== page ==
Sean Schulte

Twitter: @sirsean

Github: github.com/sirsean

So here's another cool thing from the development of poll4.me that might interest some people.

When I'm creating or editing polls, I have the option of adding an arbitrary number of answers. I don't want to just leave an infinite number of form fields for the user to potentially fill in if he wants to -- that's as stupid as it is impossible. So they have to be able to take an action that adds a field dynamically.

The first time I did it, on the poll creation screen, it was just a feature; I didn't need to abstract it, so I didn't. But once I needed it on the editing screen too, it was time to abstract. So here's what it looks like.

First the creation screen, where there are three default answer fields and the ability to add more:

%ol#answers_list
    %li
        %input.answer{ :type => "text", :name => "answers[]", :tabindex => 2 }
    %li
        %input.answer{ :type => "text", :name => "answers[]", :tabindex => 3 }
    %li
        %input.answer{ :type => "text", :name => "answers[]", :tabindex => 4 }
%p
    %a#add_answer_link{ :href => "#" }="add another answer"

And now the link needs to be connected to its functionality:

 :javascript
    $(document).ready(function() {
        $("#add_answer_link").click(add_answer_callback(3, 5, "#answers_list"));
    });

I'm just adding a click event handler to the link, and it's the result of the add_answer_callback() function.

Now, the editing screen, where form fields only exist if they're filled in. I'm keeping track of the proper tabindex with a variable here ... it seems dirty to me so if anyone knows enough about Haml to do this more elegantly I'd like to hear about it.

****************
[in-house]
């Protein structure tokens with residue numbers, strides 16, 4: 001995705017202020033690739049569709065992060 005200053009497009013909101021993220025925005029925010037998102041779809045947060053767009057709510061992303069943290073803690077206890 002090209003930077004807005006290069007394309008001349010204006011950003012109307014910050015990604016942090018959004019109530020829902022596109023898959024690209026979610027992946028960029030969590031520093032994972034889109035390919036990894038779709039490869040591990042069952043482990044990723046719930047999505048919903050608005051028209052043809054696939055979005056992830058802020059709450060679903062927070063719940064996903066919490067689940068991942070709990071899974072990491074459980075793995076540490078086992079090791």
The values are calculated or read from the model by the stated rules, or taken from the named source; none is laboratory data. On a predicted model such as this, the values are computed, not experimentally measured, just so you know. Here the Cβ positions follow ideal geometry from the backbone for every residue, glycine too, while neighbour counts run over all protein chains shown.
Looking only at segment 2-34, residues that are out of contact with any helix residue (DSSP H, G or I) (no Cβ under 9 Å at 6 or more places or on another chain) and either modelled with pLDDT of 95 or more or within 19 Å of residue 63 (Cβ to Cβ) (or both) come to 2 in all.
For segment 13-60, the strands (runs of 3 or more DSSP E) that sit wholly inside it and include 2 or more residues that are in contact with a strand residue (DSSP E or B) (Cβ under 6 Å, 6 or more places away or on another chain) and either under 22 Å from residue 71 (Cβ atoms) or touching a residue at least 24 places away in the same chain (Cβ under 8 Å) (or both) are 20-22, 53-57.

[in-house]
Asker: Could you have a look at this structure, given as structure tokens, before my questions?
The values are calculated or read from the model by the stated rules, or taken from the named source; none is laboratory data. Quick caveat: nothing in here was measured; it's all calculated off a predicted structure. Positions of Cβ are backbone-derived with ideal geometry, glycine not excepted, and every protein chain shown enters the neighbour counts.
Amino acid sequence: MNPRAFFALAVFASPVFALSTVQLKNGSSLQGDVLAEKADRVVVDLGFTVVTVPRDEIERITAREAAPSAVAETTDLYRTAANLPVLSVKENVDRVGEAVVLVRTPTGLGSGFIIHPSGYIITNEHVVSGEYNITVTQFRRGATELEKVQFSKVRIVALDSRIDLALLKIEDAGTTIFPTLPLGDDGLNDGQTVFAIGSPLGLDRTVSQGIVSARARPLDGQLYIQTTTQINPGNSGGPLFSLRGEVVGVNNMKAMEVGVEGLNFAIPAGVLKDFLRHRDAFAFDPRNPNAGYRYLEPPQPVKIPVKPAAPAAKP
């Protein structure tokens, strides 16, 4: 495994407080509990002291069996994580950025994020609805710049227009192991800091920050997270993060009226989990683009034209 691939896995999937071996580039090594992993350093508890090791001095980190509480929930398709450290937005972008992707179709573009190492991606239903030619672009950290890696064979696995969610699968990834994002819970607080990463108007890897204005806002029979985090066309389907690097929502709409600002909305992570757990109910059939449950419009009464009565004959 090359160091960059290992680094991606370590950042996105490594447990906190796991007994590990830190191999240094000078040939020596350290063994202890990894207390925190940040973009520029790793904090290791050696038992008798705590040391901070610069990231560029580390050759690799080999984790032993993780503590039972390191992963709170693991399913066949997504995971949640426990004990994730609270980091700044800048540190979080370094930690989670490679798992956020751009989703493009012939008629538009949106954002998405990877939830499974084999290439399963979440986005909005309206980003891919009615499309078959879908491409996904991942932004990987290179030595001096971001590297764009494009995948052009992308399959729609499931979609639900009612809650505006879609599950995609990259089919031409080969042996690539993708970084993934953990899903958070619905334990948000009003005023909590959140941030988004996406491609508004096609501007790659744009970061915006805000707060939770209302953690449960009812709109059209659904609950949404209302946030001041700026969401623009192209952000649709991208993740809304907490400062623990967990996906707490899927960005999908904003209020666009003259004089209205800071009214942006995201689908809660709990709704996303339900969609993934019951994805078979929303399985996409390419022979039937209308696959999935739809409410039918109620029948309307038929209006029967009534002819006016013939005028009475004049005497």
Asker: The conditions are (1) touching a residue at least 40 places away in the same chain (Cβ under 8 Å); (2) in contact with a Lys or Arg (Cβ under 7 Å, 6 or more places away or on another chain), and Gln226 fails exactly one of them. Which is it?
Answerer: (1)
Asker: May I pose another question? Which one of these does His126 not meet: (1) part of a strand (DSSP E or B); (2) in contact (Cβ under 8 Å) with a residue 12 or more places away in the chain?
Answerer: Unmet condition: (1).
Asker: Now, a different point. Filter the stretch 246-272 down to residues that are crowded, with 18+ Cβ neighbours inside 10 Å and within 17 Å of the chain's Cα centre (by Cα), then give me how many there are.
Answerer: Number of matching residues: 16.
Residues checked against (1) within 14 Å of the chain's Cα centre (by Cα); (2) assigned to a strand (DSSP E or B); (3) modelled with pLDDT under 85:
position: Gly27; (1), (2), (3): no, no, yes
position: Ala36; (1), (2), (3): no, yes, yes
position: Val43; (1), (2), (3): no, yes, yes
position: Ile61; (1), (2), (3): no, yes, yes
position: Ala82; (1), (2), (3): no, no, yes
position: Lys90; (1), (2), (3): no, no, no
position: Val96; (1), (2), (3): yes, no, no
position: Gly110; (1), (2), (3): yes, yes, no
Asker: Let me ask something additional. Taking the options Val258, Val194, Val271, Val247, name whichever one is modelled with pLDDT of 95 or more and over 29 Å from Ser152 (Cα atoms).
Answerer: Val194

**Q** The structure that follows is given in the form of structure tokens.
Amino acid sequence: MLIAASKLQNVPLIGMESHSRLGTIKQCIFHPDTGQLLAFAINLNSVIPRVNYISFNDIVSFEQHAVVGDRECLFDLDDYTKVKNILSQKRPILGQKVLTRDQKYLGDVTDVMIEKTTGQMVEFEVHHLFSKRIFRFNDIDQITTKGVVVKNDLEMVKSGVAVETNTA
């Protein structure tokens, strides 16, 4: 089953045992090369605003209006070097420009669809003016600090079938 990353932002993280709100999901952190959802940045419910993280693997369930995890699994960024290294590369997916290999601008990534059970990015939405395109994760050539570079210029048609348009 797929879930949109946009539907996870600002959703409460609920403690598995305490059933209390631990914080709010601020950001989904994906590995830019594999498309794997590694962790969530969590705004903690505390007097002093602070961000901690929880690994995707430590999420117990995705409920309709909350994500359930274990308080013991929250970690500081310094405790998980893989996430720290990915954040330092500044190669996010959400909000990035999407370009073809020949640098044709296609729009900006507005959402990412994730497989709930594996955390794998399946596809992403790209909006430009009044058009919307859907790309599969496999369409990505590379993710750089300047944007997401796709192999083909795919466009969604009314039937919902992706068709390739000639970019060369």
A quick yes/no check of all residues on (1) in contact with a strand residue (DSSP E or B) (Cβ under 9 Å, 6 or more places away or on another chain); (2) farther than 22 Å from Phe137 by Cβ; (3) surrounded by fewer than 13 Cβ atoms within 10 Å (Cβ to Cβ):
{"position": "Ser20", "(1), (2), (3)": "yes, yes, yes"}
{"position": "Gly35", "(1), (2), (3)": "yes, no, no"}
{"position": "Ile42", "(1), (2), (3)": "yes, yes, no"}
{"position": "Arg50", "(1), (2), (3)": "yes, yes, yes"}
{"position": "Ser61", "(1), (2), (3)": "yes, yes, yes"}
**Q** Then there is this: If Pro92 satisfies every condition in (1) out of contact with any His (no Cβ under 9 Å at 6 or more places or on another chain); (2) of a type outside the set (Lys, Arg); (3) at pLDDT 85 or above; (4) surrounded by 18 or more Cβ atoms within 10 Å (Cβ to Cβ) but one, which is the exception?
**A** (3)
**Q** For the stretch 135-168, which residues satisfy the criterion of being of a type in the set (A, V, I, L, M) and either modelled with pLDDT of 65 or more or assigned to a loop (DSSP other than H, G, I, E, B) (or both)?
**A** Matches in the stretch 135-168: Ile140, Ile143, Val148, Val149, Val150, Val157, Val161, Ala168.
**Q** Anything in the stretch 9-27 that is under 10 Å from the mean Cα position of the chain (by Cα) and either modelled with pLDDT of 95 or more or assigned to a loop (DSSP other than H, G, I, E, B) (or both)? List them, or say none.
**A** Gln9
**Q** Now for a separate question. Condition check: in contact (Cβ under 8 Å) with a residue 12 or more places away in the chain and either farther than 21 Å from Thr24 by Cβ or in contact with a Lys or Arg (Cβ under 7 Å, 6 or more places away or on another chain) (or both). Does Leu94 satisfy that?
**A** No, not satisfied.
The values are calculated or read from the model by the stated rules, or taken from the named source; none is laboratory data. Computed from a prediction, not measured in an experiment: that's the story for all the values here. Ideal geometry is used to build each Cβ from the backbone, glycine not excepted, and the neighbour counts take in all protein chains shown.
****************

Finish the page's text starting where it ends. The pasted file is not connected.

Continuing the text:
%ol#answers_list
    - tabindex = 2
    - @answers.each do |answer|
        %li
            %input.answer{ :type => "text", :name => "answers[]", :tabindex => "#{tabindex}", :value => "#{answer}" }
            - tabindex += 1
%p
    %a#add_answer_link{ :href => "#" }="add another answer"

And then connecting the event handler is pretty much exactly the same:

:javascript
    $(document).ready(function() {
        $("#add_answer_link").click(add_answer_callback(#{@answers.count}, #{@answers.count + 2}, "#answers_list"));
    });

Note that instead of using constants for the parameters, I'm using calculated values. You can probably tell from here, but the parameters I'm passing in are: "the 0-based index of the next answer," "the 1-based tabindex of the next form field," and "the jQuery selector to which to append the field." Maybe that wasn't as obvious as I thought. It's a good thing the code has comments (in the source, that is, I'm not bothering with them here).

So I'm calling a function to get the event handler, but the event handler itself is supposed to be a function. This is Javascript now, so that's not hard in the slightest.

function add_answer_callback(answer_index, tabindex, append_to) {
    return function() {
        $('<li><input id="answer_' + answer_index + '" type="text" class="answer" name="answers[]" tabindex="' + tabindex + '" /></li>').appendTo(append_to);
        $('#answer_' + answer_index).focus();
        answer_index++;
        tabindex++;
    }
}

This function takes its three parameters and returns a function that takes no parameters and can be used as an event handler. Nice. But the really cool thing about it is that the answer_index and tabindex variables are incremented inside the event handler (ie, that happens each time you click the link), but since they were parameters on the outer function, they're scoped within the add_answer_callback() function, which is only called once (when the page is loaded).

That way, the id and tabindex of each field are set properly as you add more fields, and because you're passing them in it doesn't even matter how many you started with (crucial for the editing screen, of course).